Twitter’s Dick Costolo Stepping Down as CEO

(AP) -
Dick Costolo  – shown here speaking during a panel discussion at the International Consumer Electronics Show in Las Vegas on Jan. 8, 2014 – will step down as CEO of Twitter after almost five years, the company and Costolo announced on Thursday. (AP Photo/Jae C. Hong, File)
Dick Costolo – shown here speaking during a panel discussion at the International Consumer Electronics Show in Las Vegas on Jan. 8, 2014 – will step down as CEO of Twitter after almost five years, the company and Costolo announced on Thursday. (AP Photo/Jae C. Hong, File)
Jack Dorsey 38 – shown here speaking at a campaign fundraiser for Democratic Candidate for Public Advocate Reshma Saujani in New York, on April 24, 2013 –  will be Twitter's interim CEO while the company looks for a replacement. (AP Photo/Mary Altaffer, File)
Jack Dorsey 38 – shown here speaking at a campaign fundraiser for Democratic Candidate for Public Advocate Reshma Saujani in New York, on April 24, 2013 – will be Twitter’s interim CEO while the company looks for a replacement. (AP Photo/Mary Altaffer, File)

Twitter CEO Dick Costolo is stepping down and co-founder Jack Dorsey is temporarily taking the reins at the social-media company, which has seen an extended stock slide amid poor financial performance.

Dorsey will serve as interim CEO while Twitter looks for a permanent replacement, the San Francisco company said Thursday.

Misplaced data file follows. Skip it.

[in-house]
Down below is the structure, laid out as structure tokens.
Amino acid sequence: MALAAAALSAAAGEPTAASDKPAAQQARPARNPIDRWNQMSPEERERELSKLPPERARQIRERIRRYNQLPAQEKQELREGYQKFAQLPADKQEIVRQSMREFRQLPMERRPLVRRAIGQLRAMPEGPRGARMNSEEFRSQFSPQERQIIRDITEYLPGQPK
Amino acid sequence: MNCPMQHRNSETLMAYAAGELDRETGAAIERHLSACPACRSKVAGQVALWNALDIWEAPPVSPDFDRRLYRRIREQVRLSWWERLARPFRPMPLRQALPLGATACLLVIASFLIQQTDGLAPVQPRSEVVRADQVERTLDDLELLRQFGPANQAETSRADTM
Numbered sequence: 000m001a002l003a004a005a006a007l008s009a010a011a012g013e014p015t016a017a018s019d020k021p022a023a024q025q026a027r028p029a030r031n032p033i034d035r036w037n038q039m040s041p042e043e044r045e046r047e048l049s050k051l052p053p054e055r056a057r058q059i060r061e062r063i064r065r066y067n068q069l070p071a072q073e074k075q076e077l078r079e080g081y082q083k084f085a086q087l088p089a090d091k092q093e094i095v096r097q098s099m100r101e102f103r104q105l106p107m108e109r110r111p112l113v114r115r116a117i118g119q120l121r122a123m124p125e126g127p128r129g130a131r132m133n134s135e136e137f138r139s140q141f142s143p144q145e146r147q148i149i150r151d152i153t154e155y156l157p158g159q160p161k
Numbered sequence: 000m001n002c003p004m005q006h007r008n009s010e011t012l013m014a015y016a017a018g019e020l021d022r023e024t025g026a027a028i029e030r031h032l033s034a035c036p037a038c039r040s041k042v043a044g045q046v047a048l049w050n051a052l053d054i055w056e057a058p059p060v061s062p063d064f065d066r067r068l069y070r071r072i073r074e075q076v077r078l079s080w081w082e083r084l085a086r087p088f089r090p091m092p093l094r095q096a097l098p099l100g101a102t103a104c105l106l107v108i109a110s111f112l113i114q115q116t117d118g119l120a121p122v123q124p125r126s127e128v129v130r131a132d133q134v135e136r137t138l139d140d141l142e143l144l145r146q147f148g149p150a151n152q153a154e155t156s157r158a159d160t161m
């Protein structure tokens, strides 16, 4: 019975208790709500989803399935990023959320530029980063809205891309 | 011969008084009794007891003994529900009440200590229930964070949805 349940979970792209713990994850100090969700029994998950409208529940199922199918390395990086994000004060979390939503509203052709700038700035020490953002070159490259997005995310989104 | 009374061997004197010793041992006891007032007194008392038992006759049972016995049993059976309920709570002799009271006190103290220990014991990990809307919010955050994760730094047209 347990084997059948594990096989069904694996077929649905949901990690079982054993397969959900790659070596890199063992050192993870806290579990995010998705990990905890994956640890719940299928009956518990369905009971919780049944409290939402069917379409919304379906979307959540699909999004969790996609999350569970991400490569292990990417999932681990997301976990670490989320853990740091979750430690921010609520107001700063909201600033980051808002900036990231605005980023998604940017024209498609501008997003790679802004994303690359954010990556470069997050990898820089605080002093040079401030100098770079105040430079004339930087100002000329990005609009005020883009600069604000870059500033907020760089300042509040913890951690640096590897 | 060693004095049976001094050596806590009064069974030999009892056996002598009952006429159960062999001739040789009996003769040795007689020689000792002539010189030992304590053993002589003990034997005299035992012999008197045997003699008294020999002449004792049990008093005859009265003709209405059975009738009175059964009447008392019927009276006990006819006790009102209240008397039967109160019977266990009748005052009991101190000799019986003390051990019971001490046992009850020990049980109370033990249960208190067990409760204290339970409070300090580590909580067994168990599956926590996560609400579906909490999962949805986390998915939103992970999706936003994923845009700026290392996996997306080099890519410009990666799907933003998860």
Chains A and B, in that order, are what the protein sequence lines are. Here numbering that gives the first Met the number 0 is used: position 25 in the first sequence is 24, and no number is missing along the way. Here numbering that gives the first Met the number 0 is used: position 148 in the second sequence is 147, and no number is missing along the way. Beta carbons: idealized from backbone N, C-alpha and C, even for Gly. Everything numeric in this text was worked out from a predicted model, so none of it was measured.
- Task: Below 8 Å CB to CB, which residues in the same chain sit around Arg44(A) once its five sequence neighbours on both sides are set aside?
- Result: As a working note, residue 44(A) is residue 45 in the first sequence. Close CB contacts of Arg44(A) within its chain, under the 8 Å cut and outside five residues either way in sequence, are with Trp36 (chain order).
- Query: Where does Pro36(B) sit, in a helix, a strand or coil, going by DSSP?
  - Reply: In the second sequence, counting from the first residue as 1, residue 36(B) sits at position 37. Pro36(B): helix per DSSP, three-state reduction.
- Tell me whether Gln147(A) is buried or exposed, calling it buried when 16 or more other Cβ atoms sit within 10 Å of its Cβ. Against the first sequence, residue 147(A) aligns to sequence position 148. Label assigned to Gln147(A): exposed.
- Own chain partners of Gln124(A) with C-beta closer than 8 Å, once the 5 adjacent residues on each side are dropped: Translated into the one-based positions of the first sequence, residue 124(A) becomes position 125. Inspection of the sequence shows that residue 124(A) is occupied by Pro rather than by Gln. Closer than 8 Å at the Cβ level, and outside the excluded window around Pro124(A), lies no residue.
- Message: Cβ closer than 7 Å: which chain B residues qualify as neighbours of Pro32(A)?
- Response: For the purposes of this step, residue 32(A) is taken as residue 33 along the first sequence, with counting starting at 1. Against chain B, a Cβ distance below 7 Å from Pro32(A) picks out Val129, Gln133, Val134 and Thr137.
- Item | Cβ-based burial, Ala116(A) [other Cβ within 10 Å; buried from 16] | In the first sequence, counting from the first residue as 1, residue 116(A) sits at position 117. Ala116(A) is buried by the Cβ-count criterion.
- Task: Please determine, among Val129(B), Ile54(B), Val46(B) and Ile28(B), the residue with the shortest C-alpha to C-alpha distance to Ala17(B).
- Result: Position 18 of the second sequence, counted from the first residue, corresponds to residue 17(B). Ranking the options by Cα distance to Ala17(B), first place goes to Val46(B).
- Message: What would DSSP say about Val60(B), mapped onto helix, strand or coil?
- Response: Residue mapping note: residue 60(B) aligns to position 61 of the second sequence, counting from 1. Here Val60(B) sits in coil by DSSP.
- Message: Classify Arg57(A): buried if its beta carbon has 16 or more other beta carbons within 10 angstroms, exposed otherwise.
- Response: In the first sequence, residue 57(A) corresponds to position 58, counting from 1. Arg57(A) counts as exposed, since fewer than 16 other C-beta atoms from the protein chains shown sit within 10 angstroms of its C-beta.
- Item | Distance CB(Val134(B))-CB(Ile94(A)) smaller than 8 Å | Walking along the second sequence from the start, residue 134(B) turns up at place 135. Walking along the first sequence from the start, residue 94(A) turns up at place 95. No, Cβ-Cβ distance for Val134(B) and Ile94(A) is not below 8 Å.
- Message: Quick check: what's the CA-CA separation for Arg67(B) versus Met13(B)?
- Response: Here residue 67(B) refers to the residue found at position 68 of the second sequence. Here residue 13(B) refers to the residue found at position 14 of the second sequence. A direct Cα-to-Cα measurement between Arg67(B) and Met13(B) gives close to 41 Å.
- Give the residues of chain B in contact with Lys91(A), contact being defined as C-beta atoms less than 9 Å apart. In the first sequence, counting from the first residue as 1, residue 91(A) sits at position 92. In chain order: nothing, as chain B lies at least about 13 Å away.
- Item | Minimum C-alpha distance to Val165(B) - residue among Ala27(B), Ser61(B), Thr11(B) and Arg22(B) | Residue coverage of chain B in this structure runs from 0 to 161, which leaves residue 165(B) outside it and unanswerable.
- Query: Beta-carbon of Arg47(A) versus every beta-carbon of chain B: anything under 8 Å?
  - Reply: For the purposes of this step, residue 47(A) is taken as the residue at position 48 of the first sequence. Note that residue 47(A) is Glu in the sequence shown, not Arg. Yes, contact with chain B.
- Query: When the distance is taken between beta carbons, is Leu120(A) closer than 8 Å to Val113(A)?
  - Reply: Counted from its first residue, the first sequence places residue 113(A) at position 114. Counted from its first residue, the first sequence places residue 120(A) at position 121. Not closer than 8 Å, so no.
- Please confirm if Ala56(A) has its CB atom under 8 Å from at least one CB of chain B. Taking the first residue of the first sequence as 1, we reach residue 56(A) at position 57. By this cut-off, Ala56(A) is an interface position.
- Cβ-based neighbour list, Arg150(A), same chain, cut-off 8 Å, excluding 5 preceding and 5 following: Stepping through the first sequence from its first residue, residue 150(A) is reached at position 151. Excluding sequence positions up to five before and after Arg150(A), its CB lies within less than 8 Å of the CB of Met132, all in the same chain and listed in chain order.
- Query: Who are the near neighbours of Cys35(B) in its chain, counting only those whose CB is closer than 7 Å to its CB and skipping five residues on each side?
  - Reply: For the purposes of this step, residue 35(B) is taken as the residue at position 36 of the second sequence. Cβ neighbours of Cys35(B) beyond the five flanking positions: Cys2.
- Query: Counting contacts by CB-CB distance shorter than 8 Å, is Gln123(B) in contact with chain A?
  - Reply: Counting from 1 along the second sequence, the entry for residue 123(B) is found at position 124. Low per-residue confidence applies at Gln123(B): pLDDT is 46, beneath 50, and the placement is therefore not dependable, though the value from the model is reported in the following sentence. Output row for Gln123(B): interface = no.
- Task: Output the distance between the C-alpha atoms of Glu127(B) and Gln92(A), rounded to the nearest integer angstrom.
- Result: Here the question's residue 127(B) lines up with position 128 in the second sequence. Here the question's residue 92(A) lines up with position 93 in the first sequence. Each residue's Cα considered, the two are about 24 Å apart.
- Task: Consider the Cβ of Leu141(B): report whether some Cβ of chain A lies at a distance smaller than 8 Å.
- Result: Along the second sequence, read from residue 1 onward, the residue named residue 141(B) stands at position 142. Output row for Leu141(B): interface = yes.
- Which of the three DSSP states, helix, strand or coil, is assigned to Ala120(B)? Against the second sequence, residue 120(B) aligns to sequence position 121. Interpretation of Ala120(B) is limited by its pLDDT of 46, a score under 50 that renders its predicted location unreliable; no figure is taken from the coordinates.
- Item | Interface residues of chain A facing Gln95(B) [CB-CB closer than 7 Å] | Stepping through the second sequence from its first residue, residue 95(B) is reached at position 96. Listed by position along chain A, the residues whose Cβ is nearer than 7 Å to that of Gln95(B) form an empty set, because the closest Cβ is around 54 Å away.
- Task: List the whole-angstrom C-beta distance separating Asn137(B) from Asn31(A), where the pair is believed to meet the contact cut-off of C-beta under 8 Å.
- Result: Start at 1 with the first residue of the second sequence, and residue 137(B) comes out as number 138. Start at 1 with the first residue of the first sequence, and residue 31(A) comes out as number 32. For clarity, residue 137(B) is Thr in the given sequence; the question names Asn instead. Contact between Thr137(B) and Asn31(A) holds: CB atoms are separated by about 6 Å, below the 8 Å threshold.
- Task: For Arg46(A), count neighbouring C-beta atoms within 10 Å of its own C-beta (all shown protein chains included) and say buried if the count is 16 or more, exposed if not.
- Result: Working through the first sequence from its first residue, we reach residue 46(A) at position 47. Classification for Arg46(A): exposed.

Investors reacted positively to the move: In extended trading after the announcement, Twitter shares gained $1.40, or 3.9 percent, to $37.24.

Costolo, who served as CEO for five years, tweeted about the move after Twitter announced the news Thursday afternoon. In a brief post, Costolo greeted Dorsey by his Twitter handle, writing: “Welcome back, (at)jack” and linking to the official Twitter announcement. The announcement did not give a reason for the change.

Twitter Inc. shares have been down by almost a third since the company’s last quarterly financial report in April, when it missed Wall Street’s revenue expectations. The company also lowered its financial outlook.

While it reported 300 million monthly users in the first quarter of this year, Twitter has not seen the kind of growth that its bigger rival Facebook has experienced. It has introduced new advertising products and user features but, while many users are fiercely loyal, critics say newcomers still find it daunting to learn the unusual shorthand and other aspects of the service.

“The vast majority of people who signed up no longer use the service,” said Nate Elliott, a social-media analyst at Forrester Research. “They need to do a much better job at giving people a reason to come back every day and making marketers happy.”

Costolo, 51, will stay on Twitter’s board of directors. He has been a director since September 2009 and became CEO in October 2010.